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After going 22 matches without a loss (sorry, League Cup), Arsenal’s strong start finally stumbled at Goodison Park. That it was our third match in a week is one asterisk, as is the controversial non-call when Mirallas seemed to upend Alexis in the waning moments. Be those as they may, the sad fact is that we lost an away-match for the first time since March against Barcelona. That’s a pretty fine little streak and one that should still inspire confidence ahead of Sunday’s trip to the Etihad. 
Still not convinced? At a risk of triggering a bit of PTSD, we’ll arrive in Manchester to face a squad much-depleted by suspension and injury. Absent will be Fernandinho and Agüero, each serving bans after their moments of madness against Chelsea. Add to that list Ilkay Gündogan, who came up lame on Wednesday against Watford and is ruled out. The loss of Agüero is of course massive; he’s the lynchpin to their attack. However, the absences of Fernandinho and Gündogan carve out a rather-large opening in their midfield. While Fernando and Touré are still quite good on their day, they’re not nearly as effective as that previous pairing. 
At a risk of sounding overly confident, those missing players are integral to Guardiola’s system, and their absences further discombobulate an-already sputtering start to his tenure. Despite one of the world’s deepest and most talented squads, Guardiola has not yet found that magic touch. Heck—after Agüero, no one in the squad has scored more than four goals (alhough they have found goals from ten players in total). The real issue seems to come, as it did last year, in defense. Without a fit Kompany, among other issues, City’s defense is leaky at best. Consider Exhibit A: Leicester. For the first time this season, the Foxes looked like the title-holders that they are, carving that other City open time and time again. Only a late goal from Nolito salvaged a bit of dignity for the visitors.

Exhibit B, somewhat less compelling, would be the fact that City’s clean sheet against Watford is their first in eight outings. While they are still frightfully capable of scoring goals, what with the likes of de Bruyne, Nolito, and Sterling, Arsenal can and should find chances of their own.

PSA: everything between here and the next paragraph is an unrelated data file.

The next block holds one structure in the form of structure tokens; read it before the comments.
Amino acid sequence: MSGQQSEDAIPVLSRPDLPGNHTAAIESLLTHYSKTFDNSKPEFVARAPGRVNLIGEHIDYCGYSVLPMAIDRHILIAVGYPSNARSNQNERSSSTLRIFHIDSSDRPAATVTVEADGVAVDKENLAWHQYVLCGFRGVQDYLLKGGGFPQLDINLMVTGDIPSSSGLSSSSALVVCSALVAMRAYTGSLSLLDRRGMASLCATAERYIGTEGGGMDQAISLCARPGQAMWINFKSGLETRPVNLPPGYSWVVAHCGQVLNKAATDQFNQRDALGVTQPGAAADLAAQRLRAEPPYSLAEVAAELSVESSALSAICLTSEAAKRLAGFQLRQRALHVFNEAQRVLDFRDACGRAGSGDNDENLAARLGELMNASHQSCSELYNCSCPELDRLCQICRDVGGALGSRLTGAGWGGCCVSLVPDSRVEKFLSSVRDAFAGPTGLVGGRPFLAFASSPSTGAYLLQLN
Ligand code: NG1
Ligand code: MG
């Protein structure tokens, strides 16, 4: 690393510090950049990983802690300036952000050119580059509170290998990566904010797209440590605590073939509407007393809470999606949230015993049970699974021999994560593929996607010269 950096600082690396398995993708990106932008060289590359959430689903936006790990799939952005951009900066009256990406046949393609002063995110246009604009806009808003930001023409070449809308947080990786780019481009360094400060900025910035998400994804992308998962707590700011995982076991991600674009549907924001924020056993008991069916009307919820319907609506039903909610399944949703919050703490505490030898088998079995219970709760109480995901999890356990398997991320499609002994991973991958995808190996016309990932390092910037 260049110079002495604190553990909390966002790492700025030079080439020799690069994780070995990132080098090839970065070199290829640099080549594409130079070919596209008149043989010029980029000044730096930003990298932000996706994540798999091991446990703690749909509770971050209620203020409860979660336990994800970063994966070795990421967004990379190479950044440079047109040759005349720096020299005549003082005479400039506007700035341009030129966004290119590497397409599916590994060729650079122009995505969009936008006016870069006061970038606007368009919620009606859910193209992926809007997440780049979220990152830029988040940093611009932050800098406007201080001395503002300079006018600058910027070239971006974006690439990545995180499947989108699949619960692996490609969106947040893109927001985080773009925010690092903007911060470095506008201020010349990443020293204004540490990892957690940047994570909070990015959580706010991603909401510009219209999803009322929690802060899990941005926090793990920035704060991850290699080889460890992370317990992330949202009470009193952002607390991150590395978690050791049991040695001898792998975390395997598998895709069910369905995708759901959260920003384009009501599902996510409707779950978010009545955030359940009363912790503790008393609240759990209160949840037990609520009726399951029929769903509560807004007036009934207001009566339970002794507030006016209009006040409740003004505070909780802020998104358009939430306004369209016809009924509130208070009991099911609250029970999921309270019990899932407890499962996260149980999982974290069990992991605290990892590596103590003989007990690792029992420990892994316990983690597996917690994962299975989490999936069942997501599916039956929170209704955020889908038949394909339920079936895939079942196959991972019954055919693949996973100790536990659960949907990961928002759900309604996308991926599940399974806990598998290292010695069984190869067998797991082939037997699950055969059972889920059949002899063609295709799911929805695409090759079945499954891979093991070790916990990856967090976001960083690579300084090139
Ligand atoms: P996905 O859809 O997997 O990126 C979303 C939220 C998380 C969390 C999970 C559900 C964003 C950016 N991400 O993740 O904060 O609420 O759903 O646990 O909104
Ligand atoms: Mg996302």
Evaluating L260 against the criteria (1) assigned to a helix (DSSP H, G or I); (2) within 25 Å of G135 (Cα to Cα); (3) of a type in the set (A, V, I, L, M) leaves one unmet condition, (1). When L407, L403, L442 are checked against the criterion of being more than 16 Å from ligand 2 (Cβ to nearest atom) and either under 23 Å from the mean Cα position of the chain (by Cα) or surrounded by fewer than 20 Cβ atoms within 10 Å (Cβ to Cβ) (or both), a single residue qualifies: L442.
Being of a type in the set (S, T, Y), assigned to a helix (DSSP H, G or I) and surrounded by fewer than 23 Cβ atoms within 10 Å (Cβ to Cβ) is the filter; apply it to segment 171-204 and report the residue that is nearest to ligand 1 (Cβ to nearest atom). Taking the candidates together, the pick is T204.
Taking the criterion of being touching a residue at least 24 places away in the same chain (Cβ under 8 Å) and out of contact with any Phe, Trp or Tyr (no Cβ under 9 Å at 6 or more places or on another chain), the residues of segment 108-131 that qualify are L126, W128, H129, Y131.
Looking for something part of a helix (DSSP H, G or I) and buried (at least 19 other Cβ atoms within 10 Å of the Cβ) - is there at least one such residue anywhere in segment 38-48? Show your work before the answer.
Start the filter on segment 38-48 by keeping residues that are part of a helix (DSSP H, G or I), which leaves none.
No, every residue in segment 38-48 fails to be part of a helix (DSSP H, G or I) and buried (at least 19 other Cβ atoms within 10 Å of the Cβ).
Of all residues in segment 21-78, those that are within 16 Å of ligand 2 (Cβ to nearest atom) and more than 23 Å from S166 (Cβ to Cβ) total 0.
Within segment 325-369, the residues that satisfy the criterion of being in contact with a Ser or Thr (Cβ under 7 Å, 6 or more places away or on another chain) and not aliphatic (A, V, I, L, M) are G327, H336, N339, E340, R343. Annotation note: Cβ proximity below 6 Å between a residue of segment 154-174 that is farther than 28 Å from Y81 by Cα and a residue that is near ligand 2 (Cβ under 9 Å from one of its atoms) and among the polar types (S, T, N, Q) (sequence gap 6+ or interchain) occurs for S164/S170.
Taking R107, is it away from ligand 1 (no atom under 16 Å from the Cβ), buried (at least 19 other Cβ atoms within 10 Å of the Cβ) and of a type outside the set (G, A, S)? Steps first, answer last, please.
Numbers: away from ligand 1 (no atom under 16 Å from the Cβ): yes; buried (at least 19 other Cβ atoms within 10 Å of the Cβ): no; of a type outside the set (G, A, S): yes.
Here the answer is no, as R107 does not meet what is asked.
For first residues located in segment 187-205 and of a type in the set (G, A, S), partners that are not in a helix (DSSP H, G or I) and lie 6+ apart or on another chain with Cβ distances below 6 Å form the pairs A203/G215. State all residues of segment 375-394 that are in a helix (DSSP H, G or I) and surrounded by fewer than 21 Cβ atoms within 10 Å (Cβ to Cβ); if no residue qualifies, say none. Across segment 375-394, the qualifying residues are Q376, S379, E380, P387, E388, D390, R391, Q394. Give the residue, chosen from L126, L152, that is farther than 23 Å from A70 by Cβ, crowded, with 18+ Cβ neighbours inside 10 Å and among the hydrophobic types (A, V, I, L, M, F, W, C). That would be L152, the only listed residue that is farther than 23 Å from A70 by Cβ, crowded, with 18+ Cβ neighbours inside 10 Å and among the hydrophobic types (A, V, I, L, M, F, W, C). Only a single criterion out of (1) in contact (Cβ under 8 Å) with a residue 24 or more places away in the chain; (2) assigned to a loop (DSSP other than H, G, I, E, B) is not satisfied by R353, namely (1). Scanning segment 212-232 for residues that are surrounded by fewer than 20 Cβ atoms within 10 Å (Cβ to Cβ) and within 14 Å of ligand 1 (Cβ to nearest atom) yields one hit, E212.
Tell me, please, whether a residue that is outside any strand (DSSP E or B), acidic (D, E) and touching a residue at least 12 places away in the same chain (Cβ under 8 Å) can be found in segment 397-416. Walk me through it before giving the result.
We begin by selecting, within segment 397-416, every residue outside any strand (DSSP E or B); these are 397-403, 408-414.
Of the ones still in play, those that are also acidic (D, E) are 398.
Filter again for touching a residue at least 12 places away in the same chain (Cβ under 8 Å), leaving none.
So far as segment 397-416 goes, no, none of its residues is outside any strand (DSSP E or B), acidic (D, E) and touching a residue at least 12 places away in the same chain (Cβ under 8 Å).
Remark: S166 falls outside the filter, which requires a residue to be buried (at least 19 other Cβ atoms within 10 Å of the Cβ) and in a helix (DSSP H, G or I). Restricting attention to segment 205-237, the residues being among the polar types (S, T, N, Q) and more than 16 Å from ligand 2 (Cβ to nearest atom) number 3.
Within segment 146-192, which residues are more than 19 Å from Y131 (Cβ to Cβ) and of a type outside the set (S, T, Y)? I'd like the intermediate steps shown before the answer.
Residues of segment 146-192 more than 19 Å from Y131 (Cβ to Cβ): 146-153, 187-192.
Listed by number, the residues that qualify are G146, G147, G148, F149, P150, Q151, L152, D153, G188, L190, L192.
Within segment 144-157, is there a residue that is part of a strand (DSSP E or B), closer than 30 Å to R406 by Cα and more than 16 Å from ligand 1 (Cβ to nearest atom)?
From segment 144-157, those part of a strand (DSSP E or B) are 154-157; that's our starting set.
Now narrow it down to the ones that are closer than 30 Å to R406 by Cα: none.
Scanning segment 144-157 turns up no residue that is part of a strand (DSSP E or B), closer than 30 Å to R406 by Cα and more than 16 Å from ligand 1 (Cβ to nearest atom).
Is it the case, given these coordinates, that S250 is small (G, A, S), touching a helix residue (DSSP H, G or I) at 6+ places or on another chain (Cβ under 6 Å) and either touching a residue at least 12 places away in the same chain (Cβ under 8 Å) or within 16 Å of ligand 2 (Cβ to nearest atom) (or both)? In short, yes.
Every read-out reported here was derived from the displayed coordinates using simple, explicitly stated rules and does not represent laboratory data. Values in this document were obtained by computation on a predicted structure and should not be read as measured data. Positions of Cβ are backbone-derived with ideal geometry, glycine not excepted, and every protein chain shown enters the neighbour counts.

To return to where we started, the loss against Everton might offer a bit of a silver lining. It was arguably our worst performance of the season, and not just for the result. We looked jaded and indifferent—not just tired, as might be suggested by the fixture congestion. We looked like we couldn’t really be bothered to fight against a squad struggling to stay relevant. To get knocked back by them should test our squad’s mettle, and this squad of ours has shown itself more than willing to fight rather than fold.

At a broader level, we’ve done quite well against City in recent sesasons, earning a win and a draw in our last two visits to the Etihad. There’s reason to hope if not believe that we can hold to that if not improve upon it.

Right. We’ve got a match to win. I hope I’ve boosted your confidence after the Everton setback. If you’re feelin’ lucky, consider trying your luck with English Premier League betting odds at William Hill

LAST THREE
Man City 2-2 Arsenal (8 May 2016)
Arsenal 2-1 Man City (21 December 2015)
Man City 0-2 Arsenal (18 January 2015)

INJURIES
We’ll be without Welbeck, Cazorla, Mustafi, Debuchy, Ramsey, and Mertesacker.

POSSIBLE STARTING XI
Čech; Monreal, Koscielny, Gabriel, Bellerín; Coquelin, Xhaka;  Alexis, Özil, Walcott; Giroud.

PREDICTION
Expect a pitched battle but one in which Arsenal seize the upper hand. All eyes on Walcott.
Man City 1-2 Arsenal.

———-
Jon Shay - Woolwich 1886

Jon Shay is a regular contributor to Arsenal Review USA and can be found blogging about Arsenal at Woolwich 1886.

Follow Jon on Twitter.

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